3. The rest of the kids playing should pick a piece of paper with a word on it and try to coach the player whose turn it is into drawing that word (“OK…draw a circle. Now another circle on top. Now put two triangles on top of that.”)
  4. When the coaching players think the drawing is close to guessable, have the drawing player try to guess what they’ve drawn
  5. Pick a new player to draw for the next round, and continue taking turns for the rest of the game

This game switches the creativity from the drawer to the coaches, who must figure out how to get the person drawing to draw something. It can be pretty challenging, so if you’re worried about managing feelings or you have younger kids, volunteer to be the drawer yourself and let the kids all be coaches. And if you really want a challenge, have the player drawing close their eyes!

5. I Can Draw, and You Can, Too!

Toddler mimicking older child's drawing while playing art games

What You Need

  • Paper
  • Crayons, pens, or pencils

What to Do

  1. Give each player a piece of paper and something to draw with
  2. Pick one child to go first and have them come up with something for all the players to draw by saying, “I can draw …, and you can too!”
  3. Have all the players draw the prompt and share their drawings afterward
  4. Have the players take turns choosing the prompt for the rest of the game

Inspired by the playground game P-I-G (with a little less competition), this game opens up creative activity by challenging kids to draw something they might not know how to draw right away. Encourage the kids to celebrate each other’s work—this is a good game for working on Character (another of the 5 C’s) in addition to creativity!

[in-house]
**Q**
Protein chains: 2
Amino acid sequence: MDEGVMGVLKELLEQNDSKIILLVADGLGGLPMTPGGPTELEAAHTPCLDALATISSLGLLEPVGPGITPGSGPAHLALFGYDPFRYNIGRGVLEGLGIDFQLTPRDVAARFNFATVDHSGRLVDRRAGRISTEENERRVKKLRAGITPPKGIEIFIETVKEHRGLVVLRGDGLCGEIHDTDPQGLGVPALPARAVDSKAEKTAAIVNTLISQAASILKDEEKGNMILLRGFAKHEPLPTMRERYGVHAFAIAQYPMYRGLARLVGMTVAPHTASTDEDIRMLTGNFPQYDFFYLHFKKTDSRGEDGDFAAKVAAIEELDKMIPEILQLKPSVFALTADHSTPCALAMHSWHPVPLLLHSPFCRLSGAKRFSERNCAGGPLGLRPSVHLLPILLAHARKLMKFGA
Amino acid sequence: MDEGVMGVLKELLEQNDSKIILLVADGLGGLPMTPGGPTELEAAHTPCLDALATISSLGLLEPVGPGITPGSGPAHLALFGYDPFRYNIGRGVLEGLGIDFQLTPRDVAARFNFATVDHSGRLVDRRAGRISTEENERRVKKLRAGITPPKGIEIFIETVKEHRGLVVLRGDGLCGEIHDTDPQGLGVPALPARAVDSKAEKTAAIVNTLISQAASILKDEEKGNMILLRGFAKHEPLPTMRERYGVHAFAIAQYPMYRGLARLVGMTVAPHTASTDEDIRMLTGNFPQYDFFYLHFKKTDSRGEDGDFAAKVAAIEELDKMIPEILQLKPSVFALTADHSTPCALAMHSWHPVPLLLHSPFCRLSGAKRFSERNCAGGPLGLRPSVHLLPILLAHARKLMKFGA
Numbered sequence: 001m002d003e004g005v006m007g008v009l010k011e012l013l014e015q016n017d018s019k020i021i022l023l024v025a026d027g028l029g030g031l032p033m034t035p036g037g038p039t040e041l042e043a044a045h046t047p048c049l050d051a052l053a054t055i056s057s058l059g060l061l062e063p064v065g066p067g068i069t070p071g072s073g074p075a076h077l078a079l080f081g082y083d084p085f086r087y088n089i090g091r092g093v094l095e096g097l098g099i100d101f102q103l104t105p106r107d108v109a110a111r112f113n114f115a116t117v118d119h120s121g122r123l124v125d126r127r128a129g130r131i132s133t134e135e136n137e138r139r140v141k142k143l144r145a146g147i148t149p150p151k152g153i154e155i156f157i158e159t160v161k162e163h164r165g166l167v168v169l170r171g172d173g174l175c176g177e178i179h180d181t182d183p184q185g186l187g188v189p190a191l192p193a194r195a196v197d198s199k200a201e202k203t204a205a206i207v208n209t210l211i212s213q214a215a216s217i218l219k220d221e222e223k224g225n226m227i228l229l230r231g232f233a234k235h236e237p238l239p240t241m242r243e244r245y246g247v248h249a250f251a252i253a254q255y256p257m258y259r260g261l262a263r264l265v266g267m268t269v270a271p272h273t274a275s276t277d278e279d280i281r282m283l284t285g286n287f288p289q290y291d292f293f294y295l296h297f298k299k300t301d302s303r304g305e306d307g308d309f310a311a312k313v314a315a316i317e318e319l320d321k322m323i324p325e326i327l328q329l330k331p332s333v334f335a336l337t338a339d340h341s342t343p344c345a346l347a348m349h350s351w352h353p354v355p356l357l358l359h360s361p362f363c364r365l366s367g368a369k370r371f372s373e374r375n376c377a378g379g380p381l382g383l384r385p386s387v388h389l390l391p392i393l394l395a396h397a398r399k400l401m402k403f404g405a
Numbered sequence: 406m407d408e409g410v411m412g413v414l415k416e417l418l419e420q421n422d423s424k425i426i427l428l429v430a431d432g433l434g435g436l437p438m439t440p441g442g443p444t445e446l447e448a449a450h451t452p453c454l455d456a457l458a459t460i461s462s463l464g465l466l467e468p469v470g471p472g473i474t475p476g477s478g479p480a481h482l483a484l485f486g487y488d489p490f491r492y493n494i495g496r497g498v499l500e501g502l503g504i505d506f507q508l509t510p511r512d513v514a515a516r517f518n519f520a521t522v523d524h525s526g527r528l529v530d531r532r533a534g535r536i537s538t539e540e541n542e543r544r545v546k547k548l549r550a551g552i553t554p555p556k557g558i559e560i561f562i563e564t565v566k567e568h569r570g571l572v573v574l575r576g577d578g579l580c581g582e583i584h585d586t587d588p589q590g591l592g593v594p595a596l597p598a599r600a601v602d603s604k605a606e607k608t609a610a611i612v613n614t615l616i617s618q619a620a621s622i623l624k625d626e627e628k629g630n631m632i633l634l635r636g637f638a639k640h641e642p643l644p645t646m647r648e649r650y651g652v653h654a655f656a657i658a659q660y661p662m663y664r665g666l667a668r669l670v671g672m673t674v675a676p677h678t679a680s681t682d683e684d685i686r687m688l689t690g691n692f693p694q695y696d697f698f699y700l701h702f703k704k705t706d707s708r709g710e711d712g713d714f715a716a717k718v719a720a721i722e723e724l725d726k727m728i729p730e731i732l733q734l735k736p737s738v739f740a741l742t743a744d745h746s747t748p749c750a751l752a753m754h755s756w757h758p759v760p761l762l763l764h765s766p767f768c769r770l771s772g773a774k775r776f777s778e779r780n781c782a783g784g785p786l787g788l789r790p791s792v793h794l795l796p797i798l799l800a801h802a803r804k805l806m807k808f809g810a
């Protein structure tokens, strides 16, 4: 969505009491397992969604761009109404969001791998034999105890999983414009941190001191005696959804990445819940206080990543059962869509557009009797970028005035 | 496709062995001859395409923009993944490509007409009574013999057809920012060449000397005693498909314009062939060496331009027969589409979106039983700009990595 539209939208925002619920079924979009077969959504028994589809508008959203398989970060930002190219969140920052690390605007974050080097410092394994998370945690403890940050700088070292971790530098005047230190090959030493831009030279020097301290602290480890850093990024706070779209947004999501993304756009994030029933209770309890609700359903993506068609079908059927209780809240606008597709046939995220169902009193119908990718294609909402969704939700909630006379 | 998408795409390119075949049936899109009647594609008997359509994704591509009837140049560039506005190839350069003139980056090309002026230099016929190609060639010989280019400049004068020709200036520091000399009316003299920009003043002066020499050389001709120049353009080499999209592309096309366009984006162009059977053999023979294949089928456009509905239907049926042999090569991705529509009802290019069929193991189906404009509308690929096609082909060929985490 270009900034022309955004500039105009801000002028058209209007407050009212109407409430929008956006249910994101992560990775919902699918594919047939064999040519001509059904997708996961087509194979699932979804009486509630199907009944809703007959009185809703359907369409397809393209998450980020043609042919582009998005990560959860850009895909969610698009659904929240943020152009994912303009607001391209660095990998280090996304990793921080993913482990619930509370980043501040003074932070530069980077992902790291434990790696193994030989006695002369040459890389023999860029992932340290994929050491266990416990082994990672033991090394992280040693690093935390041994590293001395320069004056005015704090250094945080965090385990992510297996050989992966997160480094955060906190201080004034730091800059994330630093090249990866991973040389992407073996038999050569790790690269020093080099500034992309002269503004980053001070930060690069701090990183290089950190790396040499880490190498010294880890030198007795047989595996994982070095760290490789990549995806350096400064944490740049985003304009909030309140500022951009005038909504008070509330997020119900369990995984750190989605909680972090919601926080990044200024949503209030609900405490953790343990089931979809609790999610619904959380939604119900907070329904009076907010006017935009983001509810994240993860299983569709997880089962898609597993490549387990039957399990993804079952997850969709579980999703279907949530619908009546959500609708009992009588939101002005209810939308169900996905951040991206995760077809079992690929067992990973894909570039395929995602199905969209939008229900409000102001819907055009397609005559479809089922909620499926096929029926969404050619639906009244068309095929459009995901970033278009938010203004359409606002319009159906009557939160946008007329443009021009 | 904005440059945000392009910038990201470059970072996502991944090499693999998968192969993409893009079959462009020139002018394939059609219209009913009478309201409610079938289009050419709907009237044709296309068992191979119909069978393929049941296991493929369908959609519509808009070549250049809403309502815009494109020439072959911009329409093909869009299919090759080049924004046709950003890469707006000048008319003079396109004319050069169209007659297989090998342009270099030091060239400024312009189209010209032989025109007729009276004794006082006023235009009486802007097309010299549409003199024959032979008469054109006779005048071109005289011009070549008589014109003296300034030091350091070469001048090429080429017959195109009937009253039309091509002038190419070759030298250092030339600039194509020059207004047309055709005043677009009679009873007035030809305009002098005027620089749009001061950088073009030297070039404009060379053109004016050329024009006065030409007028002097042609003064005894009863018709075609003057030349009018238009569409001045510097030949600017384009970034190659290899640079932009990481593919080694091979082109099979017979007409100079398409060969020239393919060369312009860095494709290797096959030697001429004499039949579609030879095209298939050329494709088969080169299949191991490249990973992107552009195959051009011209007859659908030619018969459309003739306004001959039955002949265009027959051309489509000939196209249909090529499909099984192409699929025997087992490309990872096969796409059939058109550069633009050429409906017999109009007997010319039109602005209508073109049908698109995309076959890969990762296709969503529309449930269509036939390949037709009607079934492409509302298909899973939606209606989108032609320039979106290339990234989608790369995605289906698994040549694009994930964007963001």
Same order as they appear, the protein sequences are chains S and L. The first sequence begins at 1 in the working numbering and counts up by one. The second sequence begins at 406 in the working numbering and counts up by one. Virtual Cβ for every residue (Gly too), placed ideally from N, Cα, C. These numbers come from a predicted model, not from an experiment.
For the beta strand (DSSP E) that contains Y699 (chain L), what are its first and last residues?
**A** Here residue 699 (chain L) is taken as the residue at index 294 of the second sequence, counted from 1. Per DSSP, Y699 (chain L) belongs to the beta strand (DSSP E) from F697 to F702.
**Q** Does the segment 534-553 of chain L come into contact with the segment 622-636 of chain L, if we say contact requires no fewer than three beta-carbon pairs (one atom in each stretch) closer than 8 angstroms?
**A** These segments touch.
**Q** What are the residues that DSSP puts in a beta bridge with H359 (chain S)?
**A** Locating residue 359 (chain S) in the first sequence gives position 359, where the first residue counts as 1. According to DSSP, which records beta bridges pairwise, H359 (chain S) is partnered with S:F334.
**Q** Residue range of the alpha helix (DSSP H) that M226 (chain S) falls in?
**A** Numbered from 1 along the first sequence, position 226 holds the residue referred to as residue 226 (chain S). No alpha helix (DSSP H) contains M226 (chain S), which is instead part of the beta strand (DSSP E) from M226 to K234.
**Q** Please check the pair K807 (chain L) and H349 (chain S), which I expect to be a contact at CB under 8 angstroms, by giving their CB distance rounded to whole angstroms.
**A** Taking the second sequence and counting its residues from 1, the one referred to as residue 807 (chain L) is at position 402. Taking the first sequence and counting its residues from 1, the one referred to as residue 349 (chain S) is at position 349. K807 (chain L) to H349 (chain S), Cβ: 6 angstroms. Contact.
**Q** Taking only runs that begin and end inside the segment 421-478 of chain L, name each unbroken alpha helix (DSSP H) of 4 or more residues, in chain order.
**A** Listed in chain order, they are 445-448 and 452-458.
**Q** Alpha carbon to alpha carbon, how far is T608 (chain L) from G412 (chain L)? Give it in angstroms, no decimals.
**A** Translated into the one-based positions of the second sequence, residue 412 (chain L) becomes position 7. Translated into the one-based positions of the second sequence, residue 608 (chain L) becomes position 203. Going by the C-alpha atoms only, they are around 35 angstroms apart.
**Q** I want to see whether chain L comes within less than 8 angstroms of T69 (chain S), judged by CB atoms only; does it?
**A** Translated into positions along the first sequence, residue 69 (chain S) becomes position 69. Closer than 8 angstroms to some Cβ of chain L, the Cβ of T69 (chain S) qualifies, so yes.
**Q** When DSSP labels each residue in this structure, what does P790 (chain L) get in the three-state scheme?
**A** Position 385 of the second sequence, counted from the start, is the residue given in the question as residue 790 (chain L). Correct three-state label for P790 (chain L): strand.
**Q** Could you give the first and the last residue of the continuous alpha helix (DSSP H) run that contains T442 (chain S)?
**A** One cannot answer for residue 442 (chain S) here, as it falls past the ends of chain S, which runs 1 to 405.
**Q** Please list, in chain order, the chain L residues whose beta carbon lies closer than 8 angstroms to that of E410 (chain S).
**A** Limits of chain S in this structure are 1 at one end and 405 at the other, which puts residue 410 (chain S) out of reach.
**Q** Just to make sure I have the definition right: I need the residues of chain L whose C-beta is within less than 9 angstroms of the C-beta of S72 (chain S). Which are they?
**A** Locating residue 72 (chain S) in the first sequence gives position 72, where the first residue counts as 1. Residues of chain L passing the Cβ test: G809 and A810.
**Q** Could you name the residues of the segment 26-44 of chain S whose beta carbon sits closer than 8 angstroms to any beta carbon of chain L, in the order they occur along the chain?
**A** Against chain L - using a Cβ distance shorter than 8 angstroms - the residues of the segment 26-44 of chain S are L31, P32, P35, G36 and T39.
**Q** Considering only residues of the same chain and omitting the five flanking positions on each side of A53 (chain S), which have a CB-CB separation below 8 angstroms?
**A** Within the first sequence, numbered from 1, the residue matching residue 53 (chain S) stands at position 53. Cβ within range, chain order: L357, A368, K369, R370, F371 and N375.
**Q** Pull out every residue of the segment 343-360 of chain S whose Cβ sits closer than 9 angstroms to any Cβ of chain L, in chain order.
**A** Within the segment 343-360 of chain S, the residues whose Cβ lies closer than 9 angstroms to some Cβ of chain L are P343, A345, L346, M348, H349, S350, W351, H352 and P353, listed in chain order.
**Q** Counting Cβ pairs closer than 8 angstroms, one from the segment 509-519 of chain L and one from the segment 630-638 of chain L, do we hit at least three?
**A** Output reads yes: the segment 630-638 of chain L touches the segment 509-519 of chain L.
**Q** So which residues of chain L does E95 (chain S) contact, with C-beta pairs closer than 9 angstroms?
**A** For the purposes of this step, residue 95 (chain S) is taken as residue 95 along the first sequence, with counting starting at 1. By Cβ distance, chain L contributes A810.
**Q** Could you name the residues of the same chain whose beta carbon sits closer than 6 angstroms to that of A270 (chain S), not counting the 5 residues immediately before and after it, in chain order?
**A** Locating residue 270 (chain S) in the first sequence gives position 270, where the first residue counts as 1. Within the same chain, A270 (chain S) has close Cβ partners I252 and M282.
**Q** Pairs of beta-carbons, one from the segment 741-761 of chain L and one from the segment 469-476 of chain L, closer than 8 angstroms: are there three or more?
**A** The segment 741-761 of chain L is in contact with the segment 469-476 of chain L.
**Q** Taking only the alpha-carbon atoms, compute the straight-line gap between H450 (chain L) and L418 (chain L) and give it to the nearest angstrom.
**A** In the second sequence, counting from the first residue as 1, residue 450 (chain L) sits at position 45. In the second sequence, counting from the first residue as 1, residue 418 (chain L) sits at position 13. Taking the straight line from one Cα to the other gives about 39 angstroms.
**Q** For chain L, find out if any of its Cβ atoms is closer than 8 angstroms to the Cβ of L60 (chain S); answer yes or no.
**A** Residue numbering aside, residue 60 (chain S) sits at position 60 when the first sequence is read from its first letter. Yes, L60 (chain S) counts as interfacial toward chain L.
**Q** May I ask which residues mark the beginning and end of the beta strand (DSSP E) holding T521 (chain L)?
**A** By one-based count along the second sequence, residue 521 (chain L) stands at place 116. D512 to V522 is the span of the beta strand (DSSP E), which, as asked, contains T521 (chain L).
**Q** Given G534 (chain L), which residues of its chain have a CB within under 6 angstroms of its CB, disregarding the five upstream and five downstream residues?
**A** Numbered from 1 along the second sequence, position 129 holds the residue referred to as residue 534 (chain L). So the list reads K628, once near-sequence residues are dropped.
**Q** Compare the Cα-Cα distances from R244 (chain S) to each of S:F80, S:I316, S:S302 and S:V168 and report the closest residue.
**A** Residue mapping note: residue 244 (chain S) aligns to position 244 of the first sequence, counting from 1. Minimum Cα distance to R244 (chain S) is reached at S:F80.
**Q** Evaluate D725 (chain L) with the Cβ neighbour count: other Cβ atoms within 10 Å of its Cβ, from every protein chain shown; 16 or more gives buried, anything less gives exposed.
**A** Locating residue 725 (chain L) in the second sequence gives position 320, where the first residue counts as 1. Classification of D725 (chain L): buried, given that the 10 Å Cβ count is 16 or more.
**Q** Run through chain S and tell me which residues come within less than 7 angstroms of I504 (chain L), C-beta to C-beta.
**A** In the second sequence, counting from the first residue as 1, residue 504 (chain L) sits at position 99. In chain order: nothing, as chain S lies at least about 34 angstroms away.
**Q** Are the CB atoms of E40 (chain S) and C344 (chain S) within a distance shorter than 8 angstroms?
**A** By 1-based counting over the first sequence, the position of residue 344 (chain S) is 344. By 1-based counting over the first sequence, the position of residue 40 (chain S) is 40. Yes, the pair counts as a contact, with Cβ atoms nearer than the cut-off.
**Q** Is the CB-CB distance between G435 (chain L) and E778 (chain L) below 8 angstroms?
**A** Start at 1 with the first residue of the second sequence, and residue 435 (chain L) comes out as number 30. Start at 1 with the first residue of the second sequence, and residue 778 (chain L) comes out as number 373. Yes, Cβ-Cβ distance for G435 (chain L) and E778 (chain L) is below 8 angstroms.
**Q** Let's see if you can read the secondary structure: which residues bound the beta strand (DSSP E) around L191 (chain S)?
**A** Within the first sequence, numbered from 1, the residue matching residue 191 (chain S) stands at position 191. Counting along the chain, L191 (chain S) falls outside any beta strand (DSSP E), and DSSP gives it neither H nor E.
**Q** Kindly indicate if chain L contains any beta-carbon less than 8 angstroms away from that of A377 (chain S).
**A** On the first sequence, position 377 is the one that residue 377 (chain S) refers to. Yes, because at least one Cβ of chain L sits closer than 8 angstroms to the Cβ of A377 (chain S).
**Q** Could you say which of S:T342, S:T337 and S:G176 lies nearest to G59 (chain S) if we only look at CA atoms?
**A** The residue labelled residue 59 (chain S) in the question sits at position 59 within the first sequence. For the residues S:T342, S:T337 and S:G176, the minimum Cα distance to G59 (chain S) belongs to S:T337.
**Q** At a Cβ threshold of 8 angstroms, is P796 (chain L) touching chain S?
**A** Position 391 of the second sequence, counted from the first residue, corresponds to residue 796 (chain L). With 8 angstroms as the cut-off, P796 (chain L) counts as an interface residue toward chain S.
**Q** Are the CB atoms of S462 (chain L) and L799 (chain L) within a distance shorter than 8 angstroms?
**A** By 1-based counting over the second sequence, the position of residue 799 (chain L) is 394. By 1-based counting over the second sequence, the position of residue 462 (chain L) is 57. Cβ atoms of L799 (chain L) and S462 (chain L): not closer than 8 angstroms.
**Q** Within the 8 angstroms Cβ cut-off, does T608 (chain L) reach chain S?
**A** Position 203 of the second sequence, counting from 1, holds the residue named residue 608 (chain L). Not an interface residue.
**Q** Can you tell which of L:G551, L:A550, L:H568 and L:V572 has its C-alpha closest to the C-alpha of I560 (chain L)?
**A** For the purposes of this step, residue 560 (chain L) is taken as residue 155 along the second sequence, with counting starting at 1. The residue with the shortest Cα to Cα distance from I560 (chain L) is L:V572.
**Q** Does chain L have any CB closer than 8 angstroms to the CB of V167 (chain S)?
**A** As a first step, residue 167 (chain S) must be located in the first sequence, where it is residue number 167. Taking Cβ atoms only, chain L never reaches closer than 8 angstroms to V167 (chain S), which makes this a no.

More Art Games from Begin

Images showing kids enjoying the five Begin brands: Little Passports, HOMER, Learn with Sesame, codeSpark, and KidPass Tutors

At Begin, we believe deeply in the importance of encouraging creativity in kids, and we include lots of opportunities for art in our award-winning products. Whether it’s a digital drawing game in HOMER, a globally inspired art kit from Little Passports, or even the creativity of building video game levels in codeSpark, we make it easy for you to bring more art into your child’s life!

Author

  • Dr. Jody LeVos

    As our Chief Learning Officer, Jody leads a highly knowledgeable team of early learning experts at Begin. She has a Ph.D. in Developmental Science, focused on children’s mathematical and cognitive development.

Dr. Jody LeVos
As our Chief Learning Officer, Jody leads a highly knowledgeable team of early learning experts at Begin. She has a Ph.D. in Developmental Science, focused on children’s mathematical and cognitive development.